Talk to TH: January 2013
“Gotta get a TH subscription started because we just bought a motorhome. Such a great magazine!”
—GUIDA RUTH, TH Facebook Fan
Sheila Scarborough’s story about the Sweetwater WASP training and the National WASP WWII Museum [November] was very good. Those who enjoyed it may want to read Janet Dailey’s Silver Wings, Santiago Blue.
And Julia Robinson’s article on Charles Goodnight in September [the first installment was in August] was outstanding. Another good read is Matt Braun’s book Texas Empire.
MEL WILSON, College Grove, Tennessee
The November front cover showing the shallow pool in McKittrick Canyon was beautiful. Shall I dare say, “artistically” beautiful?
JOEL LANINGHAM, Beaumont
EDITOR’S NOTE: We heard from several readers who thought the cover image was upside-down, when it’s actually a multilevel view of the rocky pool bottom, and on the surface, a mosaic of maple leaves and a reflection of the surrounding mountain terrain. TH Art Director Jane Wu says, “It’s certainly not one of our typical wide-angle landscapes. Sometimes we like to publish more unusual perspectives to engage readers.”
A Natural Fit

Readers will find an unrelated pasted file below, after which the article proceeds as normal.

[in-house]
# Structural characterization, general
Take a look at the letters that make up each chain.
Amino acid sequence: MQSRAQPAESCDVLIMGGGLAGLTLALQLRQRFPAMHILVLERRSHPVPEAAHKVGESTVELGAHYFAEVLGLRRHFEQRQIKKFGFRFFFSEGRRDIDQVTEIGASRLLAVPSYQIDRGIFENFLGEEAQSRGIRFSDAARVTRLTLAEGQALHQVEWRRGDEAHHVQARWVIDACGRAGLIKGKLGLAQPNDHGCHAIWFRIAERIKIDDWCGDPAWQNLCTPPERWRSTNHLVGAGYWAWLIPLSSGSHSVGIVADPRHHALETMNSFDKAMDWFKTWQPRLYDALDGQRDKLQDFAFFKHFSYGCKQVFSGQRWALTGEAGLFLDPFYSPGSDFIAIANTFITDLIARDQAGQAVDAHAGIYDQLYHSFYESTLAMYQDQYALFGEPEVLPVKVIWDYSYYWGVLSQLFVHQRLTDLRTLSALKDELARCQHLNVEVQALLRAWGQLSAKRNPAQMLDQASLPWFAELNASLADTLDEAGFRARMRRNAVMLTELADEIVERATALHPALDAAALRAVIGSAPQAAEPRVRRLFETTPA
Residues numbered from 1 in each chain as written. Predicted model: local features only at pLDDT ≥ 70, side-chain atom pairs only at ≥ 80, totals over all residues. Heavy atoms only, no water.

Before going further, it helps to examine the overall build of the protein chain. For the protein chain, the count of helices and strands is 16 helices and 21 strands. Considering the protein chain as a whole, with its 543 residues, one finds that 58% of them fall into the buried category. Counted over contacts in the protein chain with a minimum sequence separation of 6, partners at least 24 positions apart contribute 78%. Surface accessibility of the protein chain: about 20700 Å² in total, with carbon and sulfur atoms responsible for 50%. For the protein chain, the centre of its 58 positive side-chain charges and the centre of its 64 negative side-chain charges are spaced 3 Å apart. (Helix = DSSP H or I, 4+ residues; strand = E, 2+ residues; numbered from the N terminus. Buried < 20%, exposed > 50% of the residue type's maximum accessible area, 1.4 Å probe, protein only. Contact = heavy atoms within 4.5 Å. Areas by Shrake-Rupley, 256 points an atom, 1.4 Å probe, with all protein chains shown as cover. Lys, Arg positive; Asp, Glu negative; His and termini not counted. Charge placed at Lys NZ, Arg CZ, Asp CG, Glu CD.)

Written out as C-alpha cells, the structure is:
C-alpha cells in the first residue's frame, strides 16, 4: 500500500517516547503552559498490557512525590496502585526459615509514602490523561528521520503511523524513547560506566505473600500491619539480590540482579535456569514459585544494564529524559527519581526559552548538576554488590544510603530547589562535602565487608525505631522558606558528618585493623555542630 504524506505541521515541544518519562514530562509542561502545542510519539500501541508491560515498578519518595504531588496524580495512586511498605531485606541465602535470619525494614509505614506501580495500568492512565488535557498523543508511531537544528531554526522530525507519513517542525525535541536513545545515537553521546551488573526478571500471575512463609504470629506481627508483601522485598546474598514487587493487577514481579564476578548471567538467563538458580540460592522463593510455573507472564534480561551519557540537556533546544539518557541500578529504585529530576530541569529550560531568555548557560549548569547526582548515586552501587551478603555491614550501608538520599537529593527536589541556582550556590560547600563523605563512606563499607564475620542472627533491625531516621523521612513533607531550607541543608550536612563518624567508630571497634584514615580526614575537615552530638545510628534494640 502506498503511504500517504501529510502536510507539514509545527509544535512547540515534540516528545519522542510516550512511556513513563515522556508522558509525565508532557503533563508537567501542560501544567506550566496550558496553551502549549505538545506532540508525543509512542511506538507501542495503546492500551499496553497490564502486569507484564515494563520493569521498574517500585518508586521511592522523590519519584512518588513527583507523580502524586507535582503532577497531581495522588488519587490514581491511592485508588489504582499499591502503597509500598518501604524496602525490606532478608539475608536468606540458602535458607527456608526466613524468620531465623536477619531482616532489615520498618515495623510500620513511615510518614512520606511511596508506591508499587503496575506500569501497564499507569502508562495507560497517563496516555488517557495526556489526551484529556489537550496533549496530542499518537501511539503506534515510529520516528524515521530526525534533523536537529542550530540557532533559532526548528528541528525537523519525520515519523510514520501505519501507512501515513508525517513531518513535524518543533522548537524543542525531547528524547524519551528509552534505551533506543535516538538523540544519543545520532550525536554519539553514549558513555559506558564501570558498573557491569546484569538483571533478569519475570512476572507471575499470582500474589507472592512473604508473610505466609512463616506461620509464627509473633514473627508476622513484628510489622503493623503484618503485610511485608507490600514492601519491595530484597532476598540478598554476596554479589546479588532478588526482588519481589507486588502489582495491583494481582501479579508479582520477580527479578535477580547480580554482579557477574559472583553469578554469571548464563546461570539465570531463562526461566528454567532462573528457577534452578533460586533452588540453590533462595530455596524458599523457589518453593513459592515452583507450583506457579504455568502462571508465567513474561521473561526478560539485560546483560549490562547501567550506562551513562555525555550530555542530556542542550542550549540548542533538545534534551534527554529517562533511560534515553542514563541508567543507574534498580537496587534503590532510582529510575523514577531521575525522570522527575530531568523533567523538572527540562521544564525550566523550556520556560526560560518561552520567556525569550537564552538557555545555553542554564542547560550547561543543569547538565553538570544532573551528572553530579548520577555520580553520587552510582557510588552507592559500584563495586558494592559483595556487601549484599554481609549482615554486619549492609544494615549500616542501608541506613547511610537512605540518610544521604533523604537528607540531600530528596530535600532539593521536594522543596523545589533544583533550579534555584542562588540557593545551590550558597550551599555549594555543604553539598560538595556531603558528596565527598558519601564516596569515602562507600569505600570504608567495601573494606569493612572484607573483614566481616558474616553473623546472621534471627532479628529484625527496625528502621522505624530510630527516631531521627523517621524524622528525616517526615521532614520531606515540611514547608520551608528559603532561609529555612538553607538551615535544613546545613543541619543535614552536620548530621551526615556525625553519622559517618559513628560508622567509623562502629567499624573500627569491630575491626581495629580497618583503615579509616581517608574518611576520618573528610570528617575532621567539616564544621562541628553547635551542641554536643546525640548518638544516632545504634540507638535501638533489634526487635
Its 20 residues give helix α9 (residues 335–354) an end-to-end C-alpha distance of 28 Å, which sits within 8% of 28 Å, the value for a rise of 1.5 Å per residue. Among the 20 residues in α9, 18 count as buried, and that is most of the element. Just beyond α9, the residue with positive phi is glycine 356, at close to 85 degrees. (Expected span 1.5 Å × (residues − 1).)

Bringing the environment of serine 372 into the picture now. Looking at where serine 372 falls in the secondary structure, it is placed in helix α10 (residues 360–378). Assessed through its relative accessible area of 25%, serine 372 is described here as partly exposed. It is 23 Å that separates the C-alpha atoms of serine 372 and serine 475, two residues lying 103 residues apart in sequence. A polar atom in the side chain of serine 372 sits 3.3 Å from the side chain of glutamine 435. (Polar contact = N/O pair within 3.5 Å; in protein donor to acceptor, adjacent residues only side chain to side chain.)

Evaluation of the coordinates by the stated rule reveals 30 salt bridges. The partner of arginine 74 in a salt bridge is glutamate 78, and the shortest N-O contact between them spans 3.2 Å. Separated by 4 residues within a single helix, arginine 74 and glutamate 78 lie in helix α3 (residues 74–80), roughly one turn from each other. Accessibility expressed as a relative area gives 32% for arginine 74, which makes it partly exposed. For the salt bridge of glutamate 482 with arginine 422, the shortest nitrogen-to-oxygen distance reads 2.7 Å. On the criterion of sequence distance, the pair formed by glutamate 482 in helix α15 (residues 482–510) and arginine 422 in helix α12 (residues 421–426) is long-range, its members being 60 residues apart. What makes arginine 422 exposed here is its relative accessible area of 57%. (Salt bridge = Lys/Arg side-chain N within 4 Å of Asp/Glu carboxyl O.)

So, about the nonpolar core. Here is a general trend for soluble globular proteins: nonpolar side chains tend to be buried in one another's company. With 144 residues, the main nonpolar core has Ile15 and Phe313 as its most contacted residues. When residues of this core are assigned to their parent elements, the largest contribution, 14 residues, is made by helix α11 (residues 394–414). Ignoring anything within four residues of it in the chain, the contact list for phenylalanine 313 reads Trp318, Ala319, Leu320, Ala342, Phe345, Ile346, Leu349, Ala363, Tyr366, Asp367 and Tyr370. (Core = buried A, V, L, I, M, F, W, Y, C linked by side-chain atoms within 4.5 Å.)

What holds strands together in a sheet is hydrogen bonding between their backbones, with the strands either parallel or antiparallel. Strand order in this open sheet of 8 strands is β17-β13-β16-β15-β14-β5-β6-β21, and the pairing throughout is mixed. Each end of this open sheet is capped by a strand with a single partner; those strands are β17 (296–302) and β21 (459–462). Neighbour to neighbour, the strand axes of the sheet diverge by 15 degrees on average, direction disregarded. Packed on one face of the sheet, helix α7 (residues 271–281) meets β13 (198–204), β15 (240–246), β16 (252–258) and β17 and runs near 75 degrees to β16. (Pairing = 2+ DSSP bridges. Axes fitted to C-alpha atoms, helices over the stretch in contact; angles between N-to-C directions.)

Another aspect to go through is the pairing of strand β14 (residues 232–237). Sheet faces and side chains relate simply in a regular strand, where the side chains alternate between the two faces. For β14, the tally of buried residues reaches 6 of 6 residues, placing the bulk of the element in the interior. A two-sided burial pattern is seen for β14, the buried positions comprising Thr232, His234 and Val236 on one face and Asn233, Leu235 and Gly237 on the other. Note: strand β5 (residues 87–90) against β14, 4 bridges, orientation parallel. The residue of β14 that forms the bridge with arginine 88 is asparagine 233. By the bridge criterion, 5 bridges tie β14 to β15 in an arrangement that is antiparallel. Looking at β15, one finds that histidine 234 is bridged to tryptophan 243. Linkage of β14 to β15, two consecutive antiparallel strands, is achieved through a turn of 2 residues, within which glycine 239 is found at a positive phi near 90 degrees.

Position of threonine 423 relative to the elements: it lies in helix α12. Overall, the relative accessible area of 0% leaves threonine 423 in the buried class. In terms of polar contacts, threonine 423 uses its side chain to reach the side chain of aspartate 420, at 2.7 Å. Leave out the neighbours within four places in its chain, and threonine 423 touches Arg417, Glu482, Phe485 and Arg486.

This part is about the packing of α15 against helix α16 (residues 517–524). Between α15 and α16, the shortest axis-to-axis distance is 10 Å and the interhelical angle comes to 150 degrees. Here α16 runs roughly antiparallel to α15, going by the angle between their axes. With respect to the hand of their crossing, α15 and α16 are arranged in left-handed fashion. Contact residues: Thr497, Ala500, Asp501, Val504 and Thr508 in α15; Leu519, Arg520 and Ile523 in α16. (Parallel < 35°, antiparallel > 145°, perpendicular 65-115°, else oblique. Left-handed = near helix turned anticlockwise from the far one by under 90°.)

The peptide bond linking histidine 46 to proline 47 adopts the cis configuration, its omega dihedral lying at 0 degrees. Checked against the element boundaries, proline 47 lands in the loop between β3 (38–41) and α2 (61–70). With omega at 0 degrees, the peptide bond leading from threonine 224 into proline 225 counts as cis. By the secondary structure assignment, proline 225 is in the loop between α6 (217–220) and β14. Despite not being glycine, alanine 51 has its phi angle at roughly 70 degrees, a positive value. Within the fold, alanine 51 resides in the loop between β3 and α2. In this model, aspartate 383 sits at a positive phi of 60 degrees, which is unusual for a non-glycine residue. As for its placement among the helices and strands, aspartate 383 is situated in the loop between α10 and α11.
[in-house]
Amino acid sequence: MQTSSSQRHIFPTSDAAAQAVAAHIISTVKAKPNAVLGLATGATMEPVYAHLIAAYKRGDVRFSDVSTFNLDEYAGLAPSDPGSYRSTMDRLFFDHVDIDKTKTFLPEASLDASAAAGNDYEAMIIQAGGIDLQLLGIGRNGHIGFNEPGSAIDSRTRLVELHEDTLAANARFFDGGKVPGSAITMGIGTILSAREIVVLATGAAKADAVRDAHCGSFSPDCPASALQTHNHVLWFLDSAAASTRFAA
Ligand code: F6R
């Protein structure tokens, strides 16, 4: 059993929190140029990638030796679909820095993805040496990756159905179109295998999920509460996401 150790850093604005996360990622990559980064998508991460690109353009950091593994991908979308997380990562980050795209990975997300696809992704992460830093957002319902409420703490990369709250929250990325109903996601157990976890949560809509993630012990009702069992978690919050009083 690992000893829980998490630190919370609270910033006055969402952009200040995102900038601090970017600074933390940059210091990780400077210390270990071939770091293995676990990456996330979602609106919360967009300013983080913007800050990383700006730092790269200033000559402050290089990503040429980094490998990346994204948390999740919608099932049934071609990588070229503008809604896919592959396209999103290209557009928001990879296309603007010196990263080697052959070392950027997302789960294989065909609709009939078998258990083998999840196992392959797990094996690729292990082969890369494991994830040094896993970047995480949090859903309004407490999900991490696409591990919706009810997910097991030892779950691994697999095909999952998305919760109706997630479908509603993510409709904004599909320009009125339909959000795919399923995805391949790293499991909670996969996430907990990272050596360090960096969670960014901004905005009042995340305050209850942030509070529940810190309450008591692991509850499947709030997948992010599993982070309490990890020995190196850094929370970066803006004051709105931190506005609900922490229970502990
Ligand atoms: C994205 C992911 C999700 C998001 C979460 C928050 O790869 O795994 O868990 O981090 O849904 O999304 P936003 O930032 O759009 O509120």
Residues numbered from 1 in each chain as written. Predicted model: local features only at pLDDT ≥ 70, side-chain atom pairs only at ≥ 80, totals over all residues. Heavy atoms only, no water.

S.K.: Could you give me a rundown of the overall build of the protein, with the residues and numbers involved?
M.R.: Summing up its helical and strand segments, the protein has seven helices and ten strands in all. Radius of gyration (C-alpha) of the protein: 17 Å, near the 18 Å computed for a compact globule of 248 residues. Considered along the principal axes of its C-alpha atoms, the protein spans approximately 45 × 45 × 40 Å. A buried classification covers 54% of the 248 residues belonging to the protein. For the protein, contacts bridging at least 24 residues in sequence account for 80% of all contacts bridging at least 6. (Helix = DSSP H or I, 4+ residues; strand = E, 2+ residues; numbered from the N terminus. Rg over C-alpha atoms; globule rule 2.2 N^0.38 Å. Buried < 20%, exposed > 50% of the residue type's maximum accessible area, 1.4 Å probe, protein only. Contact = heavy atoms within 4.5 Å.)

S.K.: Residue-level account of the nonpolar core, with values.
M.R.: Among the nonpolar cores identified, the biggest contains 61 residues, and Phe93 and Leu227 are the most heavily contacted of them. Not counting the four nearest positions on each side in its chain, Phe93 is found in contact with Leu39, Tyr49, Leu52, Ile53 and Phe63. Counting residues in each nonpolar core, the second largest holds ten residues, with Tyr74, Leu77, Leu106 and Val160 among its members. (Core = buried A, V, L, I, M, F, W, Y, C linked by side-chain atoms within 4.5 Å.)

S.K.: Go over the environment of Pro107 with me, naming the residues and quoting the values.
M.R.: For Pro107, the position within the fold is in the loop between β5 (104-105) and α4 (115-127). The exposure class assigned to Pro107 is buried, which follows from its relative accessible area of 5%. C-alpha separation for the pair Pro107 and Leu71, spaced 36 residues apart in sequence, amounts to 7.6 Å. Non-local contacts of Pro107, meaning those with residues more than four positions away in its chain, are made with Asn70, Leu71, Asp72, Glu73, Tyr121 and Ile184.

We have an addition to Steve Schwartz-man’s excellent article on native plants—“The Unexpected Season” —in the October issue. The Riverside Nature Center in Kerrville should be on the list of places to view native plants in a natural habitat. The Kerrville Chapter of the Native Plant Society of Texas cooperates closely with the center and meets there once a month. The center welcomes visitors and inquiries.
BILL STONE, President of the Kerrville Chapter Native Plant Society of Texas
TH READER RECOMMENDATIONS
Uptown and Downtown
We recently returned from a visit with friends in Bulverde. Our last dining-out experience was at Uptown Blanco in Blanco. The restaurant has been beautifully renovated, the staff is very efficient, the pianist plays beautiful back-ground music, and the food was superb. And check out their restrooms—wow!!
ELAINE DODDS, Shearwater, Tasmania, Australia
We had lunch at the Comfort Cafe in Smithville, across from the train station downtown. We each had the chicken-salad plate and sat outside on a very nice patio. It was by far the best chicken salad either of us had ever tasted.
The restaurant is a nonprofit and works to promote the arts in Smithville. The staff is friendly and efficient—a truly delightful experience.
BOB McCLURE, McAllen
Comfort Cafe is at 111 NW First St., 512/360-2100; also find on Facebook.
From the January 2013 issue.